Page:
(A) research group went around neighborhoods in California and put one of four signs on people’s doors. Each sign encouraged the homeowner to conserve energy, and gave a reason to do so. The four reasons were: 1) to help the next generation, 2) to save money on your electricity bill, 3) to save the planet, and 4) because your neighbors are already doing it. After some time passed, the group went back to the houses and measured the electricity usage against the reading they took before putting up the signs.
Can you guess which sign had the most impact? In fact, the only sign that had ANY impact at all? It was the one that said their neighbors were already conserving electricity and encouraged them to do the same. Link
Social Pressure and Social Networks
Now, when considering the meaning of this story, it makes the following all that much more interesting.
- LinkedIn users spend an average of 18 minutes a month on the site. Facebook users spend 6.4 hours a month.
- But LinkedIn gets $1.30 in revenue for every hour those users spend on site. Facebook: 6.2 cents.
- Anders describes LinkedIn’s most expensive product offering, LinkedIn Recruiter, as a “Bloomberg terminal” for talent scouts. It costs up to $8,200 a year per “seat,” or user license.
- Adobe, a big LinkedIn customer, has 70 seats. At list prices, that’s about half a million in revenue a year from a single client.
- LinkedIn’s top salespeople make as much as $400,000 a year selling Recruiter.
- LinkedIn spends 33 percent of revenue on sales and marketing.
- LinkedIn’s profits are expected to double this year to $70 million.
Social Pressure in Investing
The dichotomy is astounding. When LinkedIn first announced their IPO last year, I chuckled and figured they were just trying to upstage the rumored Facebook IPO at the time. Little did I know they were actually an up and coming money machine.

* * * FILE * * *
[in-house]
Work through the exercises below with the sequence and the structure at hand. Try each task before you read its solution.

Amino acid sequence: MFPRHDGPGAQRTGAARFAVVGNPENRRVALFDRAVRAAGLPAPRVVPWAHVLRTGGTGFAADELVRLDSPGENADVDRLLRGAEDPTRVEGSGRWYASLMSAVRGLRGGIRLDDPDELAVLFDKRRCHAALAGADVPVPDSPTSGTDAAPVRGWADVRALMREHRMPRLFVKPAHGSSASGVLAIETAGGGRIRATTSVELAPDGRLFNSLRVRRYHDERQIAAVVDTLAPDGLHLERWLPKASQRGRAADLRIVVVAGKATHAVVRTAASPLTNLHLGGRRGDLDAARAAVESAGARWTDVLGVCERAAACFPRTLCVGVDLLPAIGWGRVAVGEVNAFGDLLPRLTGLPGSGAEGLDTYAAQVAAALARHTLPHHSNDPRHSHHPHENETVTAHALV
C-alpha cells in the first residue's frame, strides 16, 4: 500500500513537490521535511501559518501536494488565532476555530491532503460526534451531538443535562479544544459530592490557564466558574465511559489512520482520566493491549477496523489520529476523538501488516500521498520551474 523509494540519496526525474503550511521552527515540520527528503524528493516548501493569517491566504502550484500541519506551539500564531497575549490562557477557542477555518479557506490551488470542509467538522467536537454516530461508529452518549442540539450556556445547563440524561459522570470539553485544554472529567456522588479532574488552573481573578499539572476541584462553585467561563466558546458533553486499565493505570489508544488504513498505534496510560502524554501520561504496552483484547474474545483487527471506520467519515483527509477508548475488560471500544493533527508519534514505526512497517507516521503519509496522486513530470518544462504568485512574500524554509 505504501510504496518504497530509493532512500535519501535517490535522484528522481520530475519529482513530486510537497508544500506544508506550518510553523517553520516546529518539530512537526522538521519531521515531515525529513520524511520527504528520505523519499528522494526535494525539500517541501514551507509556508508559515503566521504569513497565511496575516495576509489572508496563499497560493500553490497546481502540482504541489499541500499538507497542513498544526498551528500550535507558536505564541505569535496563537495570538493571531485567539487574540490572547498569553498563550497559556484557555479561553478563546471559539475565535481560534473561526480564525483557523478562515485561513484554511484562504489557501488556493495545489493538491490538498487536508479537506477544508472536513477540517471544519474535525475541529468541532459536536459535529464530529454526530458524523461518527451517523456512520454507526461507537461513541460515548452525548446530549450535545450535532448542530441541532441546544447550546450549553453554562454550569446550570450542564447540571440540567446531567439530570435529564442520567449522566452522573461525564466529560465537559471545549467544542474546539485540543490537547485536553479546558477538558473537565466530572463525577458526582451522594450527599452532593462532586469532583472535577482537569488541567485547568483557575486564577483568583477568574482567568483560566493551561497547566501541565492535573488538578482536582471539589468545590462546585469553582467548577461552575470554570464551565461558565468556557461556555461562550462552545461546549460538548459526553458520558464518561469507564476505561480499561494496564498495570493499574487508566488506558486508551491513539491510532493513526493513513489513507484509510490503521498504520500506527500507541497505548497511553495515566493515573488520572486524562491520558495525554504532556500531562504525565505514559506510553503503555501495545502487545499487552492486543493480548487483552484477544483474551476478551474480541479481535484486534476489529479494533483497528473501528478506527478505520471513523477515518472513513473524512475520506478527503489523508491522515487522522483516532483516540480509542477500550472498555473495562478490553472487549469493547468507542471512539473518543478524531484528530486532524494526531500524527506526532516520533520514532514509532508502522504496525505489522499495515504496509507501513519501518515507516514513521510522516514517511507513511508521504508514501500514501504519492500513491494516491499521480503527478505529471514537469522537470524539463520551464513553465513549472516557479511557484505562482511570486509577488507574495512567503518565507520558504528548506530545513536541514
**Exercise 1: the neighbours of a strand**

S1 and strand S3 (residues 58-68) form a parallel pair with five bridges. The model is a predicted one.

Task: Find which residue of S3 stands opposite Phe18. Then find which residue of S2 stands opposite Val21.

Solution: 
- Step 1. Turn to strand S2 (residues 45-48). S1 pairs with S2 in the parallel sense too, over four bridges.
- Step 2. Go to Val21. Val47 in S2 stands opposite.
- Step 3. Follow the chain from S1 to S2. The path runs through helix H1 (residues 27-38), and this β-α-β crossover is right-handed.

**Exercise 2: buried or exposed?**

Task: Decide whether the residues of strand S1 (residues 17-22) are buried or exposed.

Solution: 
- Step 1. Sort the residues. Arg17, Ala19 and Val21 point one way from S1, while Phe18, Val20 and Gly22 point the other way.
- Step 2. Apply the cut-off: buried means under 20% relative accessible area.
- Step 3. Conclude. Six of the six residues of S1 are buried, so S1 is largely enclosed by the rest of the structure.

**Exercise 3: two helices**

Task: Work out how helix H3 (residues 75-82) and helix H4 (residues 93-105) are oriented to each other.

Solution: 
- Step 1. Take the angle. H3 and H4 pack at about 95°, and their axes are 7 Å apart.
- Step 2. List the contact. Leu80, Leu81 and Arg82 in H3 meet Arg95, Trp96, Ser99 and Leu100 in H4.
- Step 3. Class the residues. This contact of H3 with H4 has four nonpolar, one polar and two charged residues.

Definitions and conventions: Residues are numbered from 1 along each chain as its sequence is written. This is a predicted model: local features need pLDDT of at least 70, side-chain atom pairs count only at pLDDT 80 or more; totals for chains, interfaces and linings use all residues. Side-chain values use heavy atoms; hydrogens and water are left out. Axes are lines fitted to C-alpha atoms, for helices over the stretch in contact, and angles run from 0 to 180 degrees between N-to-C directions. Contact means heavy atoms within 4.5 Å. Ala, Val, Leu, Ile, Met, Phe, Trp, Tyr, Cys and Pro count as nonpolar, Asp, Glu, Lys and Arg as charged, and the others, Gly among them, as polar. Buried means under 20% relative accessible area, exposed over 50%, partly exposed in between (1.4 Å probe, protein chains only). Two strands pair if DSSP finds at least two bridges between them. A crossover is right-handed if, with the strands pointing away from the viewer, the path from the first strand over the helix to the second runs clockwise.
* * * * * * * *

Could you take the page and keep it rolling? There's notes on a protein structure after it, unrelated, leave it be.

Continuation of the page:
So, the point? Social pressure is real. But, social pressure is not the end-all be-all of our society. While Facebook users are playing games and posting baby pics, real networking is taking place in the much smaller start-up down the road. To what end? Yeah, rediscovering old acquaintances is nice and fun and may make you feel tingly all over, but it does nothing for your bottom line.
Facebook is big. And yes, Facebook is profitable (at pennies per head). But I’m beginning to question the staying power of Facebook over the long-haul. Once the fun and games get old, what’s next? Remember MySpace?
Meanwhile, the trappings of the social network phenomena are being supplanted by a more serious form of the same – a form that actually can add something to a member’s bottom line. I’m looking forward to watching the LinkedIn story unfold, and how social pressure affects it (and vice-versa).
- Social Media Pressure (2)(art-is-jokken.blogspot.com)
- Twitter & LinkedIn Break Up, Disabling Automatic Posting of Tweets(hubspot.com)
- As Facebook falls flat, LinkedIn adds friends(theglobeandmail.com)
Read how I succumbed to social pressure and pimped my Linked In profile.